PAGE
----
At least the substrate 1 of the observation side is a transparent substrate and at least the electrode 15 of the observation side is also a transparent electrode such as an ITO electrode.

Like the examples of FIGS. 1, 2, and 5, the ferroelectric liquid crystal 3, when no electric field is applied to it, goes into the planer state in which the helical axes 3 h become perpendicular to or almost perpendicular to the substrates, selectively reflecting light of specific wavelengths in a visible region.

The driving circuit 20 applies an electric field in a direction parallel to or almost parallel to the helical axis 3 h of the ferroelectric liquid crystal 3 in the planer state between the electrodes 15 and 14, that is, in a direction perpendicular to the substrates.

When an electric field equal to or greater than a threshold value is applied in a direction perpendicular to the substrates, the ferroelectric liquid crystal 3 changes from a planer state caused by a low electric field as shown in FIG. 7 to a homeotropic state in which a helical structure disappears, going into a transparent state, wherein, in the homeotropic state, a cyclic change of refractive index to cause selective reflection disappears and liquid crystal molecules are arranged in the direction of the electric field.

In this case, transition from the planer state to the homeotropic state, that is, a change from the selective reflection state to the transparent state is made fast by cholesteric liquid crystals by the interactions between spontaneous polarizations. At this time, incident light is absorbed by the light absorption layer 30, so that black is displayed.

Although, when an electric field equal to or greater than the threshold value is applied, the ferroelectric liquid crystal 3 maintains the transparent state due to the homeotropic state, upon change of an applied field to the low electric field, it returns to the previous planer state and selectively reflects light of the same wavelengths as previous ones. In this case, transition from the homeotropic state to the planer state, that is, a change from the transparent state to the selective reflection state is made fast by the interactions between spontaneous polarizations.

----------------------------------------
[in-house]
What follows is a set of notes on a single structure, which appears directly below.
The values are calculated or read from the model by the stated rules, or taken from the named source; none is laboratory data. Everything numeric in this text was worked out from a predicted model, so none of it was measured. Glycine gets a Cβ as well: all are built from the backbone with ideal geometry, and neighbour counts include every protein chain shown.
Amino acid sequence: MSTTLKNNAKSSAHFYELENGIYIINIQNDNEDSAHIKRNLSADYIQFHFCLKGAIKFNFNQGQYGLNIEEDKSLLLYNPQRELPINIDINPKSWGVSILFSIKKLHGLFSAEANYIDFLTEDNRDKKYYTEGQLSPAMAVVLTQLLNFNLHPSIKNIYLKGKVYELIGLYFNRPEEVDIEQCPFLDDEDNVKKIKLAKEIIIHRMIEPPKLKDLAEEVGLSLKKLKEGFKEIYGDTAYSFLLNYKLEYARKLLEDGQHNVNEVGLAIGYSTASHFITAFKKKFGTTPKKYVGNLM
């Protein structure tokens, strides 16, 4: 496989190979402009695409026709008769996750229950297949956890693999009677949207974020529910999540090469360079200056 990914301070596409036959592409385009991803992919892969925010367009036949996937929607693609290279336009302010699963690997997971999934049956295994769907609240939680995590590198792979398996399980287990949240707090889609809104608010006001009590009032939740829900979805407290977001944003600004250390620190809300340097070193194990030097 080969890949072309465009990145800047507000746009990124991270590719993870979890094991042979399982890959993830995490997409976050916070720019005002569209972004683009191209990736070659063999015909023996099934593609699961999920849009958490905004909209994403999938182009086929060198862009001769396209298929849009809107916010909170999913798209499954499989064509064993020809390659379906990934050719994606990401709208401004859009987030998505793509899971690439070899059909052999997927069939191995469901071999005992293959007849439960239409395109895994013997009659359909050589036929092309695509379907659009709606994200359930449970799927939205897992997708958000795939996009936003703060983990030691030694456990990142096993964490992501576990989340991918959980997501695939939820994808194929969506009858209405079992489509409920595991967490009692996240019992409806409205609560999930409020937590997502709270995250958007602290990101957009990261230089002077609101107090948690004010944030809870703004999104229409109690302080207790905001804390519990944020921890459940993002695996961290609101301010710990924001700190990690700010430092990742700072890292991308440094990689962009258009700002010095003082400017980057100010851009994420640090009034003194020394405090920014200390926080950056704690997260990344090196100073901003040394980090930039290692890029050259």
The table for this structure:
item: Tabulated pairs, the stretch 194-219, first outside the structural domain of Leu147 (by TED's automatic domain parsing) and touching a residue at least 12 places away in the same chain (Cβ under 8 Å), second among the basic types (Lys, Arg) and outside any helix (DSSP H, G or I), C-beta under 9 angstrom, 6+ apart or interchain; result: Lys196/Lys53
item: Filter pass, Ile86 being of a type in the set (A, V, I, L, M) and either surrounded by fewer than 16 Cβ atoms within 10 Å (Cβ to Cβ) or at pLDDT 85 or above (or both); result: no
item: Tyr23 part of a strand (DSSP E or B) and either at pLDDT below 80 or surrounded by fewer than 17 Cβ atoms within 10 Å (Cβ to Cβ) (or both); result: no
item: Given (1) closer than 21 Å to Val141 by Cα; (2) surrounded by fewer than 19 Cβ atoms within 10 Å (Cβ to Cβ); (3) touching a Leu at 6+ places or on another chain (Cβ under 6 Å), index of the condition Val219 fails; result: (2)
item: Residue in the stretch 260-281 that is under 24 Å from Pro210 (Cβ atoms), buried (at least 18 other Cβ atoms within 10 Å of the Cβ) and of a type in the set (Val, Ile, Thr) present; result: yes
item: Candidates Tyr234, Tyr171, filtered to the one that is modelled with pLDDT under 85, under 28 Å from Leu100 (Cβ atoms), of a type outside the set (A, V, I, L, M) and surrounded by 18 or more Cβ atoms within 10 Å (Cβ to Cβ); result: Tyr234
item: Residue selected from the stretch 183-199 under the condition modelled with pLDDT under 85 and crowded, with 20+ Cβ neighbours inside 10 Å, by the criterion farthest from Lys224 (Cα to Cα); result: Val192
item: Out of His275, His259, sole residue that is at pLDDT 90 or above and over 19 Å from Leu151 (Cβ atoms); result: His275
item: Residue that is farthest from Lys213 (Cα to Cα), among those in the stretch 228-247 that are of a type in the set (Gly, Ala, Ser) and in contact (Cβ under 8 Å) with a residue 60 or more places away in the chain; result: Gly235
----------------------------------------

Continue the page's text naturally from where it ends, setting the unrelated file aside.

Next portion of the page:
Furthermore, as shown in FIG. 1B, by decreasing applied electric fields in stages after applying an electric field H2 equal to or greater than the threshold value, the ferroelectric liquid crystal 3 can be changed to the focal conic state in which the helical axes 3 h are parallel to or almost parallel to the substrates. In the focal conic state, although selective reflection does not occur and the ferroelectric liquid crystal 3 scatters the incident light 11, the light is scattered only a little because of the narrow gap of about 5 μm between the substrates 1 and 2, the ferroelectric liquid crystal 3 itself appears transparent, and the light absorption layer 30 is displayed in black. Yet, the focal conic state is stable and capable of memory like the planer state, so that the ferroelectric liquid crystal 3 is held transparent even if an electric field is removed.

Accordingly, in the second embodiment, as in the first embodiment, for fast switching between the selective reflection state and the transparent state, e.g., such as when displaying moving images, the driving circuit 20 drives the display element 10 by the fast driving mode of changing the ferroelectric liquid crystal 3 to the planer state and the homeotropic state, while, when displaying static images or saving images, the driving circuit 20 drives the display element 10 by the slow driving mode of changing the ferroelectric liquid crystal 3 to the planer state and the focal conic state.

FIG. 8 shows an example of a display device capable of displaying multiple colors, which has three-layer display elements 10B, 10G, and 10R stacked on top of each other, and has the light absorption layer 30 formed on the back of the display element 10R that is the farthest from the outside light input side, wherein the display elements are those used in the example of FIG. 7 and respectively employ ferroelectric liquid crystals 3B, 3G, and 3R selectively reflecting blue, green, and red lights in the selective reflection state due to the planer state.